September 23 coronavirus news

By Adam Renton, Brad Lendon, Melissa Macaya and Meg Wagner, CNN

Updated 12:01 a.m. ET, September 24, 2020
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12:02 a.m. ET, September 23, 2020

China’s UN ambassador calls the US coronavirus response "a complete failure"

From CNN's Laura Dolan

China’s ambassador to the United Nations hit out at the United States on Tuesday, calling the country's handling of the coronavirus pandemic “a complete failure.”

In a news conference held at the Chinese Mission in New York, Zhang Jun said: “If we do have to hold anyone accountable, it should be the United States held accountable for losing so many lives with their irresponsible behavior.” 

He also defended his own country’s response to the crisis, which he says is now under control after “great effort and enormous sacrifice.”

The news conference was held solely in response to US President Donald Trump’s attack on China at the UN General Assembly (UNGA) Tuesday.

During his pre-recorded address to the UNGA, Trump said the United Nations must hold China accountable for their actions. He accused the country of spreading the virus and falsely declaring that there was no evidence of human-to-human transmission. 

Zhang called Trump’s accusations lies.

“Let me make it very clear that lies are lies -- even though lies can be repeated 1,000 times, they remain lies,” said Zhang, adding that attempts to shift blame would not help the US solve its own problems. “It’s really time for some US politicians to wake up from their self-created illusions or fictions instead of going further along the wrong direction. They may wish to be great, but to be great you have to behave like a leader,” Zhang said.

The ambassador also criticized the US’ health care system, saying: “This is the country with the most advanced medical system with the most advanced medical technology, but still they have ranked #1 in confirmed cases and lost lives."

Ambassador Zhang said China will exercise its right of reply in accordance with the rules of the General Assembly, which means a China delegate will address the session at some point this week to officially respond to Trump’s speech.

Read more about the UN General Assembly:

11:44 p.m. ET, September 22, 2020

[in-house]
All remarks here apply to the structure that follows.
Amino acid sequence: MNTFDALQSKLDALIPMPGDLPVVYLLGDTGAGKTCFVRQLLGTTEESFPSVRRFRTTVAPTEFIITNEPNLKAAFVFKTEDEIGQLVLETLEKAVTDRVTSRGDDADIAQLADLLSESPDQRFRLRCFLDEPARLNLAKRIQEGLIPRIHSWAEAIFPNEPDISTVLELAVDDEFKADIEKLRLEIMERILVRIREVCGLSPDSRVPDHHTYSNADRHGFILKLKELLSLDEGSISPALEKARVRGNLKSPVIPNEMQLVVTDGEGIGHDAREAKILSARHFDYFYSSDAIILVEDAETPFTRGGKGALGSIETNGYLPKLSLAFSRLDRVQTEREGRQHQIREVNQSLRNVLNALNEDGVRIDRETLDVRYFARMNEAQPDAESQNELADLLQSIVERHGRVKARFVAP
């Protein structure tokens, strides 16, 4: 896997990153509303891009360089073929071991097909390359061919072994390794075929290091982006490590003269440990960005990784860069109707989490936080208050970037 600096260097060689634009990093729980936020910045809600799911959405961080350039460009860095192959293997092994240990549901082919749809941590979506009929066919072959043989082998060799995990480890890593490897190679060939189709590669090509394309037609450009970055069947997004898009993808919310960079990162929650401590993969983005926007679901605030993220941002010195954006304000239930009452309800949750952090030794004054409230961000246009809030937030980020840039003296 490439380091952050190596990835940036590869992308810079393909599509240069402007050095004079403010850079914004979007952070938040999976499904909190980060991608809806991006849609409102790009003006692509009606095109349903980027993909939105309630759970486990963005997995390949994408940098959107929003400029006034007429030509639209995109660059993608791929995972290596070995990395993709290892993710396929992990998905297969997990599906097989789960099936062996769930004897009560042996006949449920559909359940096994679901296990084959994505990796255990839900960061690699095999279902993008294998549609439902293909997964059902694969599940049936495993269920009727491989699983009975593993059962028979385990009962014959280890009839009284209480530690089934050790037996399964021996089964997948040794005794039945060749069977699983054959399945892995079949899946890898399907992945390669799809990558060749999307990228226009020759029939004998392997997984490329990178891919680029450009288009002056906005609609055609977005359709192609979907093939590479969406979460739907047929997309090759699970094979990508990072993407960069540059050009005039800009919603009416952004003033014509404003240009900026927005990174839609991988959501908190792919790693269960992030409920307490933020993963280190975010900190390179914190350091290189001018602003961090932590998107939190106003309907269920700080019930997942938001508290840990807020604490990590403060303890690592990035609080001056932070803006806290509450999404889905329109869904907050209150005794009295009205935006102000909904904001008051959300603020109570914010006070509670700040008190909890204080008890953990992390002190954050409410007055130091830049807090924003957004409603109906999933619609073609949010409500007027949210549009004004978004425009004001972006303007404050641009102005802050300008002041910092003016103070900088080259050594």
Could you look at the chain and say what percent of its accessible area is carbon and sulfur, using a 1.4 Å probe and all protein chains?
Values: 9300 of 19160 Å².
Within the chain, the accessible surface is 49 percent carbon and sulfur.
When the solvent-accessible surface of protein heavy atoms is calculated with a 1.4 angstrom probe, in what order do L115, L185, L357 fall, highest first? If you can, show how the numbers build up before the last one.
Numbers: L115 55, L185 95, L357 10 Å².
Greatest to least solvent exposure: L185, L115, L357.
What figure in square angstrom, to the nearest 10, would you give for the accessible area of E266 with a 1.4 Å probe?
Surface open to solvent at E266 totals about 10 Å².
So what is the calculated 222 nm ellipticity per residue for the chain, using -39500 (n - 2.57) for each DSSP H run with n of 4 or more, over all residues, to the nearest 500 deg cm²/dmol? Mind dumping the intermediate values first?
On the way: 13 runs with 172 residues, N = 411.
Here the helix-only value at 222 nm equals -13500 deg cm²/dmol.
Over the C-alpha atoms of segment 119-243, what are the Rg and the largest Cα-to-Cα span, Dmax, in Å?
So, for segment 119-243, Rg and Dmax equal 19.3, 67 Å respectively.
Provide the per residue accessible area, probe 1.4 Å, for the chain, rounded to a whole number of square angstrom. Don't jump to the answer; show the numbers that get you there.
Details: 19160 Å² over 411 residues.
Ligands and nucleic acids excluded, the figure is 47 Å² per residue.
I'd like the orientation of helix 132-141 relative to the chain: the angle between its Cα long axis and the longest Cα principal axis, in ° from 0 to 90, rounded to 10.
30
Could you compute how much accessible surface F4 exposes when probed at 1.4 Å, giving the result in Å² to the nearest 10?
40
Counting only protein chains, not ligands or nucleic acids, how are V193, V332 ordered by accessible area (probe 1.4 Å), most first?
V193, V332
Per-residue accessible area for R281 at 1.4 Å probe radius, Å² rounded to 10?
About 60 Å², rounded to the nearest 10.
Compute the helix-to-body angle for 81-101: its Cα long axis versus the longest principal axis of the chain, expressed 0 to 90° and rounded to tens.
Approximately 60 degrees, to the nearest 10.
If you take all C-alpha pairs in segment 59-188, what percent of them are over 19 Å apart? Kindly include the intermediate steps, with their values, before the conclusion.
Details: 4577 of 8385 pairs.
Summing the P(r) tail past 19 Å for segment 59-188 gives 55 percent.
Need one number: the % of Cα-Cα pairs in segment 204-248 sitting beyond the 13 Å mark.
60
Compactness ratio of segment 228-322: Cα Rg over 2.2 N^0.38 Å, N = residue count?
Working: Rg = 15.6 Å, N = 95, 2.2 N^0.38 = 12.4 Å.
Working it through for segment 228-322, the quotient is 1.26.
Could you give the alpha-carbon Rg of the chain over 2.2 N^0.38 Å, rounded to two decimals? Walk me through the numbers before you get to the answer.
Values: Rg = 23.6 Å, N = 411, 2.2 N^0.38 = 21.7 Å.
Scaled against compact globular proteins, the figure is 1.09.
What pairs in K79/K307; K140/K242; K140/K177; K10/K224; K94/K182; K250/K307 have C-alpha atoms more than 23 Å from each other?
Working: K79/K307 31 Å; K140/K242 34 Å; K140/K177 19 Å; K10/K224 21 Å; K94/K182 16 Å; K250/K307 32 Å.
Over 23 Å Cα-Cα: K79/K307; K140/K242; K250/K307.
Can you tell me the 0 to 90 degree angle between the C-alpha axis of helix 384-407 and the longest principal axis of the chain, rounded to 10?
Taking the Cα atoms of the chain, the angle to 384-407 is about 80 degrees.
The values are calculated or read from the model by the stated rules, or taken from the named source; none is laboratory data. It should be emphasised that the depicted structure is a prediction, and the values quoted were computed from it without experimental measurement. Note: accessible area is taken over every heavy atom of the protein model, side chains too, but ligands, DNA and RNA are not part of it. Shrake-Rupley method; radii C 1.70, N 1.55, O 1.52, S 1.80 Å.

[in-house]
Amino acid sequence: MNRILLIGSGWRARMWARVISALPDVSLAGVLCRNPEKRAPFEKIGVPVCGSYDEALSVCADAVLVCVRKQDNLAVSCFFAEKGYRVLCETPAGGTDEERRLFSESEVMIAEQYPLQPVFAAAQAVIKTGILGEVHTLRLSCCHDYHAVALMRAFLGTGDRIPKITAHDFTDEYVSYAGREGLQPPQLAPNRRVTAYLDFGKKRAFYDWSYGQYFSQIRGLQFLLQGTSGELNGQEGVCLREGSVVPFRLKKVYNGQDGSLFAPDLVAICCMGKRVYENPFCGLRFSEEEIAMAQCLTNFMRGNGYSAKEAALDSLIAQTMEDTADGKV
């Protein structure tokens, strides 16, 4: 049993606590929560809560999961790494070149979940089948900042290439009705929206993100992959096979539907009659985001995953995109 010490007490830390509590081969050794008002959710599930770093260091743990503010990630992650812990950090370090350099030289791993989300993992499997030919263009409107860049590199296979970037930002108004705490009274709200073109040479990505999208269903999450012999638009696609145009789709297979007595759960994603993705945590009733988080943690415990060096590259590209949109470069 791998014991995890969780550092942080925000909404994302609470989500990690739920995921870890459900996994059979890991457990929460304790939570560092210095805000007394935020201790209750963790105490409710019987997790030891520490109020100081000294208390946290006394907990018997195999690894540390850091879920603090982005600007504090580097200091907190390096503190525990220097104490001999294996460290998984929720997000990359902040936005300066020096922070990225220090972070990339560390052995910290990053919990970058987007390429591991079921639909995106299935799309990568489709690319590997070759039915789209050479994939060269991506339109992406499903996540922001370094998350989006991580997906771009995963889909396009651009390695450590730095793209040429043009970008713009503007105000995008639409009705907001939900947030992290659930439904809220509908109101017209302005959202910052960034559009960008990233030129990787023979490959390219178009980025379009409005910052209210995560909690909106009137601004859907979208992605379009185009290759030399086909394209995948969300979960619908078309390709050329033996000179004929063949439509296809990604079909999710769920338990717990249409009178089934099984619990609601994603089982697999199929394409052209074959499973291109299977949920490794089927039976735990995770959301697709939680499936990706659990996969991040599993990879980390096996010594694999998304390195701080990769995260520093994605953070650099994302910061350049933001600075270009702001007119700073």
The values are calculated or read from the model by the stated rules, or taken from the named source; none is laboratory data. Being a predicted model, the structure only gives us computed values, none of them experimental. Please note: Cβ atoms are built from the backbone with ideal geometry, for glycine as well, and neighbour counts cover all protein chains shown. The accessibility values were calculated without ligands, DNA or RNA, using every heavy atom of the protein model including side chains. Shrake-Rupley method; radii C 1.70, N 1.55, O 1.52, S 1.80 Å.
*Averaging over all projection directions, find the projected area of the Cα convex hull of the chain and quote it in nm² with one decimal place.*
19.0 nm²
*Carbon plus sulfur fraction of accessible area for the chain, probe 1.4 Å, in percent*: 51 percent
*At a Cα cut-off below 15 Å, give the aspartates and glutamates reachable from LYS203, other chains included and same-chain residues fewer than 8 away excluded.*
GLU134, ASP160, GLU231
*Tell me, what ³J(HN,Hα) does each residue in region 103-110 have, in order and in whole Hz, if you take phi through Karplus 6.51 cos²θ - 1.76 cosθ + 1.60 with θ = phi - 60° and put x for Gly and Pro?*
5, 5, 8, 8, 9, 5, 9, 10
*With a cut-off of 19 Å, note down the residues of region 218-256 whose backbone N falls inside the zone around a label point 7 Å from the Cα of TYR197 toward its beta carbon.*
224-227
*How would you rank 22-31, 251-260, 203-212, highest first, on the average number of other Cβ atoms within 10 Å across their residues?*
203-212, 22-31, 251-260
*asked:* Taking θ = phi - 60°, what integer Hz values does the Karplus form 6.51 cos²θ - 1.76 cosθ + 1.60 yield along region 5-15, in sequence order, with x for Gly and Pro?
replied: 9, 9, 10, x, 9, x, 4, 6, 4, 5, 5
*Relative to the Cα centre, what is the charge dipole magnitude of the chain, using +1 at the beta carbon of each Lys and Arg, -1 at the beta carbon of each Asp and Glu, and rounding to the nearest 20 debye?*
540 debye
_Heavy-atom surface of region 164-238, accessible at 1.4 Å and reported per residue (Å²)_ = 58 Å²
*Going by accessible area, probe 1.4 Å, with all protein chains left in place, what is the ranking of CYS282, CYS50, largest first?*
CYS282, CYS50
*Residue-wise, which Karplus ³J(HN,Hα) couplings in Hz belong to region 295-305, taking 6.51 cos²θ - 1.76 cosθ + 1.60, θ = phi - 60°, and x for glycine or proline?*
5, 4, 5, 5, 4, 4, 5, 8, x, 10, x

Trump on America surpassing 200,000 coronavirus deaths: "Well, I think it's a shame"

From CNN's Jason Hoffman

President Donald Trump stops and takes questions from reporters on his way to Marine One on the South Lawn of the White House on September 22, in Washington.
President Donald Trump stops and takes questions from reporters on his way to Marine One on the South Lawn of the White House on September 22, in Washington. Drew Angerer/Getty Images

Asked about the coronavirus death toll reaching 200,000 in the United States on Tuesday, President Donald Trump said, “Well, I think it’s a shame."

After ignoring a question from CNN's Nikki Carvajal on his message to the American people, Trump was pressed on passing the 200,000 death threshold, and turned the conversation to his standard response on the virus, blaming China and saying the death count could have been much worse had he not taken action.

“I think if we didn’t do it properly and do it right, you’d have two and a half million deaths. If you take a look at alternatives, you could have two and a half million deaths or something thereabouts. You could have a number that would be substantially more,” Trump told reporters before departing the White House on Tuesday. “And you saw my United Nations speech, China should have stopped it at their border. They should have never let this spread all over the world and it’s a terrible thing.”

Trump went on to say had he not closed the country down, there could have been upwards of 3 million deaths.

“It’s a horrible thing. Should have never ever happened. China let this happen and just remember that,” Trump added.

Facts First: It’s misleading for Trump to say he closed the US border to travel from China and Europe because both policies contained multiple exemptions, including for US citizens and permanent residents; the Europe policy exempted entire countries. Only foreign nationals who had been in China, Europe's Schengen area, the UK or Ireland within the past 14 days were outright banned from entering the US.